What Guadalmina Hotel should set out to attain, as should many other hotels just as nice, is to make the access of passersby difficult as a means to protect themselves from clientele that is not typical and that would likely feel more at ease in a lively group at karaokes, casinos or rave parties. Because there are rap hotels and classical music hotels and in a concert they wouldn’t mesh (except for a version I greatly like of Karl Jenkins’ Palladio performed by Eminem) and a bad audience they’d endeavor.
The proposal of a hotel of the senses would make these liturgies be articulated right upon entrance, transporting us to a dream world and not to the mundane reality. The more inaccessible the hotel is, the greater the adventure to reach it. The further away, the greater the desire to reach it.
In such an overpopulated planet, inaccessibility becomes the biggest incentive of traveling and of the hotel, a tourism destination in and of itself. Because the value of what is remote is founded on poetry of solitude.
Fernando Gallardo |
The rise in popularity of skiing around the world warrants a look at urbanism and ski resort architecture. Because the white sport, like all tourist activities, should be experienced and enjoyed like the unforgettable experience that it is.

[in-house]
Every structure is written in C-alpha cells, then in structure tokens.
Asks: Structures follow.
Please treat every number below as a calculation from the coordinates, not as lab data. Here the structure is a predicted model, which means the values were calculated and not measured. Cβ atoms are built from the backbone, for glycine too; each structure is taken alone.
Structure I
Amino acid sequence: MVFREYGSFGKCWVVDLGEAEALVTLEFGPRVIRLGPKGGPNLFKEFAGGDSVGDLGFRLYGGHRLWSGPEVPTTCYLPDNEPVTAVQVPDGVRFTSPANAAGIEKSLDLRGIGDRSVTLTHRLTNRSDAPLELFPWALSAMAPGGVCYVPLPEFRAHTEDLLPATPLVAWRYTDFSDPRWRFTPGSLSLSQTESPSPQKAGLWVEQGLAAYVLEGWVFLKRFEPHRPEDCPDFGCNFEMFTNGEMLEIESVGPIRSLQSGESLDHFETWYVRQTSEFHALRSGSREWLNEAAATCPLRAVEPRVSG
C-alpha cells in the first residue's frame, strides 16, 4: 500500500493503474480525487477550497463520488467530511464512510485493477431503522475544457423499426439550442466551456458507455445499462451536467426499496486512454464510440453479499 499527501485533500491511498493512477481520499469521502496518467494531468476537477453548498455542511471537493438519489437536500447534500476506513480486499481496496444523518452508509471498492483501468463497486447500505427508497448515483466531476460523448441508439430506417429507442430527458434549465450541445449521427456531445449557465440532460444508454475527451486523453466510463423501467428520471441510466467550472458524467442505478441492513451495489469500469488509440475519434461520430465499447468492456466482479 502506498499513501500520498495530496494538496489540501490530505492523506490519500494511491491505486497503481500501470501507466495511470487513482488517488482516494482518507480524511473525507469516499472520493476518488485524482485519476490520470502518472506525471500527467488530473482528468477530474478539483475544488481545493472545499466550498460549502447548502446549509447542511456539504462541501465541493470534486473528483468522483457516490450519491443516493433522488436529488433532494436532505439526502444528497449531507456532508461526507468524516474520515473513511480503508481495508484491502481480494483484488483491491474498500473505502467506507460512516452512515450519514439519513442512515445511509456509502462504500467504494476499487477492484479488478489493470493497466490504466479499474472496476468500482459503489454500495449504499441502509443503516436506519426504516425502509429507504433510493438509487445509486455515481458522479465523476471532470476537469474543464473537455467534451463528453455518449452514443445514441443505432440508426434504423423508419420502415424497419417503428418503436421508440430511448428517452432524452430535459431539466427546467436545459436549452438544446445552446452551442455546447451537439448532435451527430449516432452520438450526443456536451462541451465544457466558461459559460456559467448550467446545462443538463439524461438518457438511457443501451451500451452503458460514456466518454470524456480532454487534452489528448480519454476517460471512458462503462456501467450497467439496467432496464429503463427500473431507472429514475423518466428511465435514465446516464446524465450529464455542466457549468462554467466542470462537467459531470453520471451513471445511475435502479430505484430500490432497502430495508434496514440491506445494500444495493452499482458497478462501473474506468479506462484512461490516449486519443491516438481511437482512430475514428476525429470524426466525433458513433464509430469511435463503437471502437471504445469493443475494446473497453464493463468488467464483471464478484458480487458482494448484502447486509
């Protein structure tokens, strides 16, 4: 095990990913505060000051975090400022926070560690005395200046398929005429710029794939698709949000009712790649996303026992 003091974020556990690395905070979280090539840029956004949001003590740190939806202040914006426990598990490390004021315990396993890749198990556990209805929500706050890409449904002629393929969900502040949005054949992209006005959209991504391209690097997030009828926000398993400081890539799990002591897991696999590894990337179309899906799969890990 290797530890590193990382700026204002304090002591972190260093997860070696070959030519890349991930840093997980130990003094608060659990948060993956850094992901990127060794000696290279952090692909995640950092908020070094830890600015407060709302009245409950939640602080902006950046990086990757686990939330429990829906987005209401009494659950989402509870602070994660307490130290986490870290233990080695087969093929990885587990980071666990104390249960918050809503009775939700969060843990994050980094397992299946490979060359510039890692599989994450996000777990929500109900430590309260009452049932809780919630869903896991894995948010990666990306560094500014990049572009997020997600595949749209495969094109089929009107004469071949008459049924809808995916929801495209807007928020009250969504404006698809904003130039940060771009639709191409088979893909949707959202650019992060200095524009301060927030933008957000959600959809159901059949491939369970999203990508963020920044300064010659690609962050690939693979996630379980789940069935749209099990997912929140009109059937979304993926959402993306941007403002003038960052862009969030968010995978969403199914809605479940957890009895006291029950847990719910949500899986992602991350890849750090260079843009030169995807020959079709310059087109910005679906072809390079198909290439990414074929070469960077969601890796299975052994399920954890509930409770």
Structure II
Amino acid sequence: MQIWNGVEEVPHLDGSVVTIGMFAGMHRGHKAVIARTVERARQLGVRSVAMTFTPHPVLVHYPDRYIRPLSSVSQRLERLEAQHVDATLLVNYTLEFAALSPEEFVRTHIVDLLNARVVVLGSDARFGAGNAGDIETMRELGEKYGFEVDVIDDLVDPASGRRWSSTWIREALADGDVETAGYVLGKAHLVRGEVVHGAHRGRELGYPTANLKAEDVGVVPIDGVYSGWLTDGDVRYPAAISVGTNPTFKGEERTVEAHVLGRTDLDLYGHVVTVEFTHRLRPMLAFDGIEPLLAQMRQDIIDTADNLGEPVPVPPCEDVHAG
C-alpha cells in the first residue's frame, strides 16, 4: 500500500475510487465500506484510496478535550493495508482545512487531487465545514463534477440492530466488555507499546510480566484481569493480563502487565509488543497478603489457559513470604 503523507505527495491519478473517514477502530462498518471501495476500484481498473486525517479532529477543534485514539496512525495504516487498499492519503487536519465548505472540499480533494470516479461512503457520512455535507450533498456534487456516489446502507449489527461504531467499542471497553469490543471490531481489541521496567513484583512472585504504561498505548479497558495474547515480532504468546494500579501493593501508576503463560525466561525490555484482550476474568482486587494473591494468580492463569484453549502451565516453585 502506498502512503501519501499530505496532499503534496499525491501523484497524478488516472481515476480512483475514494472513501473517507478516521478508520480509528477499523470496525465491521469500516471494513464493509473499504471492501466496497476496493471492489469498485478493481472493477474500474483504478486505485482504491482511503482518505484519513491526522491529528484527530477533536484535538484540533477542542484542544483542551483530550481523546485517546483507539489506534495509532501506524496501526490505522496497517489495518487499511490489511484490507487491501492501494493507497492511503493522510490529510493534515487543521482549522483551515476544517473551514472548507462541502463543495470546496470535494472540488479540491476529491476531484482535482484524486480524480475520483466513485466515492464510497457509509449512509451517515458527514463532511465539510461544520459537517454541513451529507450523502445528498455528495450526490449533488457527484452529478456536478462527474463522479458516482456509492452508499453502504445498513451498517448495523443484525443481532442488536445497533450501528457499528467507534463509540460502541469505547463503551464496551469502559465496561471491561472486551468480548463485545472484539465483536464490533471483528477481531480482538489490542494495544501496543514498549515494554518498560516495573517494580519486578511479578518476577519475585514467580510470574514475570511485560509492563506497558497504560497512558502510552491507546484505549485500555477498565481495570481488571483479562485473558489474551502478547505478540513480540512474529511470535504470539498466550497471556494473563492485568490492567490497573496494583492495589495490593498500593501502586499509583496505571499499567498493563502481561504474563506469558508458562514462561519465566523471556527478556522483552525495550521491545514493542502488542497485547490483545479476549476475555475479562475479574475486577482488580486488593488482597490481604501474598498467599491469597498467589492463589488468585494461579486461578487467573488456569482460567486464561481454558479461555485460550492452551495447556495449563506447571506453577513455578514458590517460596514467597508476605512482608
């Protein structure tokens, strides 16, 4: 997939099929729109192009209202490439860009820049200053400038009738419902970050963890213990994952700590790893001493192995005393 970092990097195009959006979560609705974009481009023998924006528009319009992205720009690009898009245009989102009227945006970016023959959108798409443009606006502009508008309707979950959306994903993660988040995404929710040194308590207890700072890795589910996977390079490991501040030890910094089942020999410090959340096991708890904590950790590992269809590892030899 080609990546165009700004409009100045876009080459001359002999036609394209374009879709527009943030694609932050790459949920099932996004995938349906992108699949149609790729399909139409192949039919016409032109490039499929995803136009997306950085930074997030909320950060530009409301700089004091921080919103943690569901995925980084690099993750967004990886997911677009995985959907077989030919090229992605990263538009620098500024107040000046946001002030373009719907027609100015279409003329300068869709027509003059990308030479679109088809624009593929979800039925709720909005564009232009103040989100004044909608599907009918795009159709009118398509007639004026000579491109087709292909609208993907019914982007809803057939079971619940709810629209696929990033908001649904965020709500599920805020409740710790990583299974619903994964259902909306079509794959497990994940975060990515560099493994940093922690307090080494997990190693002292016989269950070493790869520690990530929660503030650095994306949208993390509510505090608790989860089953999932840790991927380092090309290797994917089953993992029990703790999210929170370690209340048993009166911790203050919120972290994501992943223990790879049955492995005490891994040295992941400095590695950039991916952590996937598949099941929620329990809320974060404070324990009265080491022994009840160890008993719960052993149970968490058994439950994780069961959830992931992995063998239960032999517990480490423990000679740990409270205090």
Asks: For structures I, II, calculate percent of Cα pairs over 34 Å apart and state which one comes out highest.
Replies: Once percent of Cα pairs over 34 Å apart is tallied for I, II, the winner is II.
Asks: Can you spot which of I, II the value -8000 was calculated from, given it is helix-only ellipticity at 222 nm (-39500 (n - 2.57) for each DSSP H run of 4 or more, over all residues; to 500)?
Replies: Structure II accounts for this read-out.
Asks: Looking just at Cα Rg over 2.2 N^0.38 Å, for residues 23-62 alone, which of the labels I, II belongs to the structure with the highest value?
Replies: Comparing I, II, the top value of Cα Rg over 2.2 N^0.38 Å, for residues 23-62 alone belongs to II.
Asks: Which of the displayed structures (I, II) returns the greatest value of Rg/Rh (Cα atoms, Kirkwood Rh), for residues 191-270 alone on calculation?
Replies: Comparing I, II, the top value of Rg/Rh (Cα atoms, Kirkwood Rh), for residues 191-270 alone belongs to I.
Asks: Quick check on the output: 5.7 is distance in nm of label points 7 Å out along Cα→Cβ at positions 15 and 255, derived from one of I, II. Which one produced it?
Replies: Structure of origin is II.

The current managers of ski resorts are aware of the fact that the masses aren’t coming for winter sports as much as they’re coming for a winter vacation. The activity itself isn’t what attracts people, but instead a beautiful mountain vacation. Consequently, we are seeing how ski resorts are transforming little by little into snowy theme parks. And Formigal has been perhaps the first ski resort to understand that, thanks to talented and renowned manager, Antonio Gericó, who in 2015 was named General Director of the Aramón Group, Aragon Mountains.
It’s clear that Formigal-Panticosa has benefitted from recent special public investment that has transformed it into the largest and most modern resort in Spain. But it must be noted that this investment was no miracle. Gericó, before attaining his current position, worked in the hotel sector. He knew very well the difficulties of mountain lodging as he ran of the most luxurious establishments at Formigal, the Hotel Saliecho. While everyone else was homebound, Gericó was taking a page from the book of emblematic North American resorts, like Canada’s Whistler, and he was able to adapt these ideas to local tastes with the heart of a skier and the wisdom of a manager. Continue reading
At first, I thought that Airbnb was going to occupy a lodging niche that nobody wanted to, or could, digitally manage, given the dispersion of supply and the variety of behaviors attributed to homeowners interested in putting their homes up for rent by periods. But after a deep reflection on the strategic focus of the company, different view exchanges among tourism agents in New York (home of its founder, Brian Chesky), and the concerned monitoring of American hotel strategist Chip Conley, with whom I have exchanged some epistolary views on the subject, I confess that my current impression is radically different from the original. Airbnb wants to enter not only in the hotel market but in the entire value chain of the tourism business. And it wants to enter to transform the world of travel through the generation that will manage it in the coming decades: the so-called millennials. Continue reading